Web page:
Powdery mildew is a fungal disease that attacks many different plants. Check your gardens, paying special attention to dogwoods, beebalm, phlox, lilacs, and, of course, your roses. Look for a white powdery film on the leaves and flower buds, curled leaves, and stunted growth. This disease thrives when rain is lacking and is spread by the wind. Humid conditions favor powdery mildew, but liquid water kills the spores. You can spray plants daily with water in early morning to prevent powdery mildew. Be sure to provide plants with good air circulation and remove badly infected leaves. If perennials are severely damaged it’s a good idea to cut them back. Horticultural oil controls powdery mildew on a variety of plants. A mixture of one gallon water, one tablespoon baking soda, and a quarter teaspoon dishwashing liquid sprayed every five to seven days also works well as a treatment or a preventive measure.
Fall webworms attack a wide range of deciduous trees and shrubs. Look for webs at the tips of branches that shelter large groups of caterpillars. Mature larvae are about one inch long, hairy, and green-yellow in color with black dots. They feed together and never leave the web. As more food is required the web is expanded. The caterpillars may feed for four to six weeks. Prune out any webs and dispose of them. Bacillus thuringiensis can be used on young fall webworms that are less than one half inch long.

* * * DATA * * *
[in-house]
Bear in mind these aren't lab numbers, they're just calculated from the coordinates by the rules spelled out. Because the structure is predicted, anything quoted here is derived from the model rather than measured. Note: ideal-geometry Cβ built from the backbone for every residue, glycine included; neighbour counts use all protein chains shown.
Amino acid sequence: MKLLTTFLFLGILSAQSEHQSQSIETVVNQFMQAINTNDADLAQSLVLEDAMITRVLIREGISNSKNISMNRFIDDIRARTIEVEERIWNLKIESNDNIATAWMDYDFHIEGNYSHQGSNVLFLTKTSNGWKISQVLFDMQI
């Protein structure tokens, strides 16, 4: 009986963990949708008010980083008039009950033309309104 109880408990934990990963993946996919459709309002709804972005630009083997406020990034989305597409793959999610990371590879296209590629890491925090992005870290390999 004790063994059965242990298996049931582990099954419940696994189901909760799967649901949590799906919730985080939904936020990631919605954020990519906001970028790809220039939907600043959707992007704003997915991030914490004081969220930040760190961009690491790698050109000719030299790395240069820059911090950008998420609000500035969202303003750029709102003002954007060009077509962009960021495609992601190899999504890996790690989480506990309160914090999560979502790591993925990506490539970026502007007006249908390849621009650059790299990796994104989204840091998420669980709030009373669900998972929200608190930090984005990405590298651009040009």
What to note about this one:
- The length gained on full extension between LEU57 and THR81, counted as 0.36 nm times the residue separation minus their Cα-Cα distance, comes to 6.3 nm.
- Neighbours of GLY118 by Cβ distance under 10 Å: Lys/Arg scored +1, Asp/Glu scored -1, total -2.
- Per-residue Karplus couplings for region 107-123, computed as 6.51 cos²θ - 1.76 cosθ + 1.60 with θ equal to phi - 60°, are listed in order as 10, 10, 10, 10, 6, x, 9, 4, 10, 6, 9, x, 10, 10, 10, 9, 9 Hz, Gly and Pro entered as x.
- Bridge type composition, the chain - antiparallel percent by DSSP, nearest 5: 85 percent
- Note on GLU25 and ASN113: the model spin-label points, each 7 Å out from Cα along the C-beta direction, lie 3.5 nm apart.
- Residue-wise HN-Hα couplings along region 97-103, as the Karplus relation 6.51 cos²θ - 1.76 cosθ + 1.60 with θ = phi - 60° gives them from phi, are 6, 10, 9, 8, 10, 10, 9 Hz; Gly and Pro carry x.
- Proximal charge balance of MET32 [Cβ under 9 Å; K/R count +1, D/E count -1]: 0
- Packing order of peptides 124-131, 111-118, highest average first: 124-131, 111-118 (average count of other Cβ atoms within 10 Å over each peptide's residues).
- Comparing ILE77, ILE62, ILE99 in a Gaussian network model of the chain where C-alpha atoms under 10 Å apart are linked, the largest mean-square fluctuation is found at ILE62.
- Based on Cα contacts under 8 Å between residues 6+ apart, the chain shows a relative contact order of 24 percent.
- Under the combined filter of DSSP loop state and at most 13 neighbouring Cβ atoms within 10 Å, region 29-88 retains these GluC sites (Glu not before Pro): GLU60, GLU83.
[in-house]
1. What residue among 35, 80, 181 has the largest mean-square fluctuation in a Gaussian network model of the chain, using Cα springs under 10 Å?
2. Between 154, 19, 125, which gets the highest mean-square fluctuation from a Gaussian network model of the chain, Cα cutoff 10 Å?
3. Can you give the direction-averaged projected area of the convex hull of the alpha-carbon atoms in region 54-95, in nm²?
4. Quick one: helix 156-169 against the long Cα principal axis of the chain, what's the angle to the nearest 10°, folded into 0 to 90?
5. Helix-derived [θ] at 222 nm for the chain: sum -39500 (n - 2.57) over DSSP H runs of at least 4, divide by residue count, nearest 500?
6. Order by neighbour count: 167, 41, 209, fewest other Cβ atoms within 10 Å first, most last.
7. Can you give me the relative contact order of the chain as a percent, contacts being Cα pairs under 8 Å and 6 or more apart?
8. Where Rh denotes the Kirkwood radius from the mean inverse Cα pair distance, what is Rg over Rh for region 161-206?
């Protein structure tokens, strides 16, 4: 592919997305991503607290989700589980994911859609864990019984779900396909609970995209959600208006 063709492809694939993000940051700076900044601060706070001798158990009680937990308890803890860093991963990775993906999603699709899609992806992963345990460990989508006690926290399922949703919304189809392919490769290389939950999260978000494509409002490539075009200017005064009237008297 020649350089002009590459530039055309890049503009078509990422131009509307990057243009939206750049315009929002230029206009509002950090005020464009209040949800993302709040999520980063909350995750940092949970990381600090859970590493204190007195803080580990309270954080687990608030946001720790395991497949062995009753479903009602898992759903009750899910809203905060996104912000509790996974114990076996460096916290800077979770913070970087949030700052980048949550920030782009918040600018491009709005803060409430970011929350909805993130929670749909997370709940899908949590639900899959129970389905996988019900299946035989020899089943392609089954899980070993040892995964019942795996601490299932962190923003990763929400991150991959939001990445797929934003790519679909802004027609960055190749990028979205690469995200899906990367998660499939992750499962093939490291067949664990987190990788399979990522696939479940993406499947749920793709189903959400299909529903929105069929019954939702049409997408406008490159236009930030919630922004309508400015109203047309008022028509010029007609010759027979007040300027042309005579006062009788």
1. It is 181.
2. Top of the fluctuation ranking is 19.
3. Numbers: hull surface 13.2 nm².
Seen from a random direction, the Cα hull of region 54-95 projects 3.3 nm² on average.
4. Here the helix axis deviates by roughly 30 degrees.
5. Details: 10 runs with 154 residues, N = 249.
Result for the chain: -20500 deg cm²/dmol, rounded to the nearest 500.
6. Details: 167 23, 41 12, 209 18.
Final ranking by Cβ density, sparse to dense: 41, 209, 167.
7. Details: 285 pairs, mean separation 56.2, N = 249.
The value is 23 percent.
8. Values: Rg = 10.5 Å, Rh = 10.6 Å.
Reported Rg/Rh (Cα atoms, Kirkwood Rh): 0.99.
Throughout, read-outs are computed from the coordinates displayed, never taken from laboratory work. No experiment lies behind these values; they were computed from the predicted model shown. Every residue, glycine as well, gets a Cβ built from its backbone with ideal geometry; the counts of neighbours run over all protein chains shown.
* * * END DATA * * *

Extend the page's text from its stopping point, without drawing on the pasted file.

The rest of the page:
Now is the time to check your pines for pine sawflies. Look for masses of one-inch-long larvae that are yellow-green with black dots. Sawflies begin feeding on the tip of a branch and strip one branch before moving on to another. In only a matter of days small pines can be completely defoliated. Because the damage takes place in a short period of time, it is important to check your pines carefully every couple of days. Since they feed together in groups, it is easy to remove the larvae by hand. If the infestation is severe you can spray them with horticultural oil. You may have begun to notice lacebug stippling on your azaleas. It is too late to do any treatment this year, but begin looking for nymphs early next spring. Repeated infestations can contribute to the death of your plants especially if they are growing in full sun.
If hot, dry weather persists, stop watering your lawn and let it go dormant. This will help it avoid diseases during this stressful period. Once temperatures cool down a bit and rain returns, your lawn will perk back up. Check birches, oaks, and hornbeams for yellownecked caterpillars. They are yellow and black with a yellow-orange band around the neck area; when disturbed, they elevate their heads in a defensive posture. They can completely defoliate a tree in days, but because the damage occurs late in the season it isn’t as harmful to the tree as it might appear. Yellownecked caterpillars feed in groups so it is easy to remove them by hand.
Plant lettuce, spinach, and other salad greens after mid-August. Summer heat and drought has taken its toll on slugs, and fall plantings are less likely to be damaged by these slimy molluscs. Most salad greens bolt in response to high night temperatures and long days; the shorter days and cooler nights of late summer prevent bolting. Greens may be harvested as late as early December if the weather is mild.